However, naltrexone denied me that euphoric sensation, that unique bit of bliss that I was generally after. Please do not misunderstand—I was still absolutely drunk. Naltrexone does not change your level of inebriation, but rather—for me, at least—it changes how I experience that inebriation. I would still have increased talkativeness, loss of balance and coordination, loss of social filter, loss of focus and attention … but I wouldn’t have the pressure-in-the-head euphoria. In numerous treatment programs (both medical and community-based), there is a common theory that alcoholics and people who struggle to control their drinking experience the effects of alcohol differently than “normal drinkers” do. If you ascribe to this theory (as I do), it may simply be that naltrexone gives me a similar reaction to alcohol as a “normal drinker,” and prevents me from reacting to alcohol in the alcoholic way. Because I’m an alcoholic, when I drink (without naltrexone), I get a specific and incredibly intense sense of euphoria that “normal drinkers” never experience. When I take naltrexone, that euphoric feeling is blocked, so I may be experiencing the same kind of drunkenness as a “normal” drinker.
Does naltrexone make you stop drinking?
Naltrexone doesn’t force any action; we’re still responsible for our own choices. Practically speaking, what naltrexone does for me is make it easier for me to stop drinking. I might drink for an evening or an afternoon, and then when my supply ran out, I could simply let it be gone … without having to rush out to buy more. I could wake up the next day without despairing that I’d lost that sense of euphoria, and without the feeling that the day would be nearly impossible to get through without it. I might still occasionally think about drinking at inappropriate times (like in the morning or at work), but it was a passing thought I was able to let slide by.
Had I decided that I was ready to go back to total abstinence again at that point, I may have found it easier. However, I did not decide to become abstinent again at that time. And I only received the benefit of naltrexone as long as I continued taking the medication each day. If I decided that I really wanted to have that alcoholically euphoric feeling again, I might stop taking the meds for a few days so that when I drank I could get the feeling I was craving. Then I would start taking the medication again the next day. Of course, because I’m an alcoholic, this system was untenable for me and I eventually stopped taking the medication altogether so that I could just drink the way I wanted to without the hassle of planning or stopping.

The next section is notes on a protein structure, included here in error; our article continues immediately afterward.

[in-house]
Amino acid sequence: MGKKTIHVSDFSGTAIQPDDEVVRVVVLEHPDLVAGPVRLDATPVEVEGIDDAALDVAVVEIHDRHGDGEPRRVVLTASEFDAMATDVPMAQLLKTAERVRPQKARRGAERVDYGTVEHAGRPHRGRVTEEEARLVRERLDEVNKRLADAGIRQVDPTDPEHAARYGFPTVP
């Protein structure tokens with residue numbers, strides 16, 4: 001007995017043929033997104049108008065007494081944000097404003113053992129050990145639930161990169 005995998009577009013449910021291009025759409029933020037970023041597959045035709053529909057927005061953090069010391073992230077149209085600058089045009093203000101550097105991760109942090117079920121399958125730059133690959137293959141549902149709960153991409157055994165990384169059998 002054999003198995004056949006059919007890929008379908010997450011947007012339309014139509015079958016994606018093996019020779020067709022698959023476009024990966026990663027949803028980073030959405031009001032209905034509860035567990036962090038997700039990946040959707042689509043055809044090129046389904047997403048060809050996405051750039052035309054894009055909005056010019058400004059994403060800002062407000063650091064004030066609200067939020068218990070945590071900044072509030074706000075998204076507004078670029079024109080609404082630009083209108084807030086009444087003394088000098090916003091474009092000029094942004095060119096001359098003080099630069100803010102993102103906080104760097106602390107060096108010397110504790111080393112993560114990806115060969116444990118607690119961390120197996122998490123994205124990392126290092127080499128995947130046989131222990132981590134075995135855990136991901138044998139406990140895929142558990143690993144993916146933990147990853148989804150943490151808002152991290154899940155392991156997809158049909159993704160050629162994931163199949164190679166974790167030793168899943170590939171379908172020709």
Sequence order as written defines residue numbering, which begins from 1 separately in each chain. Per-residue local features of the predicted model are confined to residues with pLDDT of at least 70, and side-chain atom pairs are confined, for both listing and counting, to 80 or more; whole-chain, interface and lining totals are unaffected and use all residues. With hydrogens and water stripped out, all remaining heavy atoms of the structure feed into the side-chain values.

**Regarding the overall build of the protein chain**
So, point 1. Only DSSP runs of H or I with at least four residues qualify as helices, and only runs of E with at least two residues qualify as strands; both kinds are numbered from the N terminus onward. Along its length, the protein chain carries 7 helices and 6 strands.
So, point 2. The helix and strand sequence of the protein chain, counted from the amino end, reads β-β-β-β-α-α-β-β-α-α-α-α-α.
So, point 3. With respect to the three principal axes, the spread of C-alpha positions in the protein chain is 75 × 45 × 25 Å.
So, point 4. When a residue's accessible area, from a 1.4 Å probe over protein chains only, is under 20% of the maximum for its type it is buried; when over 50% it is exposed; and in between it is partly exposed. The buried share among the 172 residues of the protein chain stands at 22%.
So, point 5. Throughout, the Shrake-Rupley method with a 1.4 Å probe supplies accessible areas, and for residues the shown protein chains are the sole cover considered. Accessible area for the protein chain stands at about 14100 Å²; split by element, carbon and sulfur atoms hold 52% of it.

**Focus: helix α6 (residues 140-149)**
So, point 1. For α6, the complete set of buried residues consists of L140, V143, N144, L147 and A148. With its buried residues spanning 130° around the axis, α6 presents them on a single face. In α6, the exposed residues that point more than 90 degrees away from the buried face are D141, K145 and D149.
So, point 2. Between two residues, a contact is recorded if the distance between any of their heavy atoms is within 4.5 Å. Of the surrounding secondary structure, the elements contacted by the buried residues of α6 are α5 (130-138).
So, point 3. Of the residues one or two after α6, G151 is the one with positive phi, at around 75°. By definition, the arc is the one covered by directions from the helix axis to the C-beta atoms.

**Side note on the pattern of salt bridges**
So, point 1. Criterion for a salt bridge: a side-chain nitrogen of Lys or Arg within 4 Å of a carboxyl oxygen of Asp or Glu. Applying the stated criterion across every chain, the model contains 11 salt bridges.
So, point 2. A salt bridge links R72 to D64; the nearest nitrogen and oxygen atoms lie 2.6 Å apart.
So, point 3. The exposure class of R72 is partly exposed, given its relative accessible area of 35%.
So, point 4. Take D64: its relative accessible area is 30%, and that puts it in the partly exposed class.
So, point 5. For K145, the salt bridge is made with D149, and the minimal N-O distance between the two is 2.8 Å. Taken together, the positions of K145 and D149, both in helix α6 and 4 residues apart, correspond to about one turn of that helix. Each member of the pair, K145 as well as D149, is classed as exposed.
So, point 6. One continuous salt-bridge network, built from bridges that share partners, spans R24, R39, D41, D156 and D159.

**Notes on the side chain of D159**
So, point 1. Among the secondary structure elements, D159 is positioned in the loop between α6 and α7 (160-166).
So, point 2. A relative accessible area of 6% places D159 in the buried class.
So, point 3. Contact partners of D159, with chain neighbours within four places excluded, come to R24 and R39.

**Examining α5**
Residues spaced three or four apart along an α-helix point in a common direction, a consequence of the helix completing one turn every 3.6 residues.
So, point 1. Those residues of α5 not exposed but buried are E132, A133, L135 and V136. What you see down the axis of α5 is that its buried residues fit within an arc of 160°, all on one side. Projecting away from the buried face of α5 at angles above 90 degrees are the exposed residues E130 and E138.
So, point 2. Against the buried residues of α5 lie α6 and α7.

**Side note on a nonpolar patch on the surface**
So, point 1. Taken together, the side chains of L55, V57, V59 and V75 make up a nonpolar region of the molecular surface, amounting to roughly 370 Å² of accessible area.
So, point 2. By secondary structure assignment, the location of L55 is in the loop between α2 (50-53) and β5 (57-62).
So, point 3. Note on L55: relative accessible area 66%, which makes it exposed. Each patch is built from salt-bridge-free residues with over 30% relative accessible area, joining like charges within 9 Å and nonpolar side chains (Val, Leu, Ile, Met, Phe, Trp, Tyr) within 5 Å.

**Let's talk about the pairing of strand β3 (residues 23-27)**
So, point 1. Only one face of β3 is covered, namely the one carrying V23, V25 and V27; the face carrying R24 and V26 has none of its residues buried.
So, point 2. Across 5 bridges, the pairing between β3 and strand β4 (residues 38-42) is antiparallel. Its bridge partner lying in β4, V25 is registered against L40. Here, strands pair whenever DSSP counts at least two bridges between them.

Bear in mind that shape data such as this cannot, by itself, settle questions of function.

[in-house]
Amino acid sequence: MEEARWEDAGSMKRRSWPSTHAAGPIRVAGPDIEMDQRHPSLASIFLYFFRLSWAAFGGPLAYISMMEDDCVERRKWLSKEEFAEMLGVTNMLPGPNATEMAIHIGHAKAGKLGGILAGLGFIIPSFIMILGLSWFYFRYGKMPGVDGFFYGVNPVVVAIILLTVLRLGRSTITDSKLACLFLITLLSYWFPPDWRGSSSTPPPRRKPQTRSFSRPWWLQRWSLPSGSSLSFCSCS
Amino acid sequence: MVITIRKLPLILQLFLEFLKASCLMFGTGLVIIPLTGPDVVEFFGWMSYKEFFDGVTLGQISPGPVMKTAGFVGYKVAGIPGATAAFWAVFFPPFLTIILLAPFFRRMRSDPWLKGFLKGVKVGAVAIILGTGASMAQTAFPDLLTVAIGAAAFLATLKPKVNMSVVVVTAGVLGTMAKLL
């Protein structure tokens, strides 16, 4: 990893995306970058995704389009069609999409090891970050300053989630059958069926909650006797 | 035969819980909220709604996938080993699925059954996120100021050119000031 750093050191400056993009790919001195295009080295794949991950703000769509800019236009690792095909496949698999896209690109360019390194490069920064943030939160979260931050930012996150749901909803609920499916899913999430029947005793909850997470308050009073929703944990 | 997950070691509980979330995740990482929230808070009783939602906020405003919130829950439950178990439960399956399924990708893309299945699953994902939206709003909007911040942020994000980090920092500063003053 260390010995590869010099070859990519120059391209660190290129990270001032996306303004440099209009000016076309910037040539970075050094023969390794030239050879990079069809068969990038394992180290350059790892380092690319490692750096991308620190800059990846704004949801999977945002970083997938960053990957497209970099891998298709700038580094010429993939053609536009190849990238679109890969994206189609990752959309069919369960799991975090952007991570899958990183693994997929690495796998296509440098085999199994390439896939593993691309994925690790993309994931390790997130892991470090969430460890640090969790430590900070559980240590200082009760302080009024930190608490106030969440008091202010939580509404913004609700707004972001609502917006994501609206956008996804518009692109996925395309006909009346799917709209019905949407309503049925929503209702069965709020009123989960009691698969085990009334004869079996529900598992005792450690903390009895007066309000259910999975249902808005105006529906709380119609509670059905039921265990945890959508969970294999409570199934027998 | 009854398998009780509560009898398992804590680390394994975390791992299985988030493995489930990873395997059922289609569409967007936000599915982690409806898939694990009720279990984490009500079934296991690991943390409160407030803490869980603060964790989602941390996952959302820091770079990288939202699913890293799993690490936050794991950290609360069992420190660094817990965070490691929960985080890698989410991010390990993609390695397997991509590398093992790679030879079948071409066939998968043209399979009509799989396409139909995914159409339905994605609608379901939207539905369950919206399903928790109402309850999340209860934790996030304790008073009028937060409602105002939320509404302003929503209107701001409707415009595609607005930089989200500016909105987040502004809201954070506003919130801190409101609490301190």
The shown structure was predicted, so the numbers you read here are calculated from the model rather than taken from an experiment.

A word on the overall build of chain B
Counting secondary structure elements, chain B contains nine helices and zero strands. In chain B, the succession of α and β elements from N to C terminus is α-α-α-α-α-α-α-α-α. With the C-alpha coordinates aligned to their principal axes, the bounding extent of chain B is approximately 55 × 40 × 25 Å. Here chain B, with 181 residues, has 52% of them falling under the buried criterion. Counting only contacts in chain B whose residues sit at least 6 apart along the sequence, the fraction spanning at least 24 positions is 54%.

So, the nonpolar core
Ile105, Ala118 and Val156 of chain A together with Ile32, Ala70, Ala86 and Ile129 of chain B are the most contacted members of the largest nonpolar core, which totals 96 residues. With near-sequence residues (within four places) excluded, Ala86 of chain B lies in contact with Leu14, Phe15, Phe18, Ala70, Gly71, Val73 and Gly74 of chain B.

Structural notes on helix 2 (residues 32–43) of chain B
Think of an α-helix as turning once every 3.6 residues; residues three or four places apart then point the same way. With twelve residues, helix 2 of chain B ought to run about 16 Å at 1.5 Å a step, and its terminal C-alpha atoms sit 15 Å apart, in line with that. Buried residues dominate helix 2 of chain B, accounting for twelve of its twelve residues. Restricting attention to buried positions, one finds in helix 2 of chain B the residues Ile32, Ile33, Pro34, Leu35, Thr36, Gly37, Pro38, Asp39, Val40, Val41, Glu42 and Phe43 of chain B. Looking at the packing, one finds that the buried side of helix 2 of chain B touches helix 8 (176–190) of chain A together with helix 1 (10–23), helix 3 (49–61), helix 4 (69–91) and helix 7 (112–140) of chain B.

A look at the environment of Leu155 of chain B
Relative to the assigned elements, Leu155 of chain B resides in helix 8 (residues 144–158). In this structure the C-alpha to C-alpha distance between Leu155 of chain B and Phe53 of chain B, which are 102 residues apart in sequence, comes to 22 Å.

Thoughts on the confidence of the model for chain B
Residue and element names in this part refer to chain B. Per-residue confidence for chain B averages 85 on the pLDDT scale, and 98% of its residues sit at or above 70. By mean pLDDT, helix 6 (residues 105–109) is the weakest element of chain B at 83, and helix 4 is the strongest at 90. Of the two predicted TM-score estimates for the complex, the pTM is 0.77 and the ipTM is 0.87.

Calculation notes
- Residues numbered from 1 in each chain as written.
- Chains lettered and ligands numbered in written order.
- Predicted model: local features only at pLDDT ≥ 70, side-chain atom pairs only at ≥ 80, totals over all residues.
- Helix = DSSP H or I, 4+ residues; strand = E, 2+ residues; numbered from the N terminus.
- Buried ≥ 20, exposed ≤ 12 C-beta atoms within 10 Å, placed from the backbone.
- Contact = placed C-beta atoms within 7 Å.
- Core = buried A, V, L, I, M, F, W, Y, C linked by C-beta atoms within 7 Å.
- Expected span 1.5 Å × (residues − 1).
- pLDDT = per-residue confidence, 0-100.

Fast forward a few months, after many blackouts (including coming-to in an emergency room), losing a job, losing my housing, and much untold misery, I decided to sober up again. I was very motivated to stop drinking again, and fortunate enough to be able to start taking naltrexone again immediately. When I did, I found that it once again helped immensely with my cravings. I did not notice any difference in naltrexone side effects between my first and second time getting sober with its support. I was grateful to have it available to help me once I was ready to stop drinking again.
To sum up my experiences with naltrexone:
Like many medications, each individual person’s reaction may be different from another. You may find your experience is similar to mine, or yours might be quite different. While I can’t tell you what is right for you, I can give you some summary points about naltrexone that may be helpful in your journey:
- Naltrexone reduced the frequency and intensity of my cravings for alcohol.
- Naltrexone had minimal side effects for me, and (relatively) does not cost much
- When I relapsed, naltrexone fundamentally changed the way that I experienced drunkenness
- This may have been beneficial for helping me to come back from the relapse
- I only get the benefits of naltrexone when I actually take it—if I stop, so do the benefits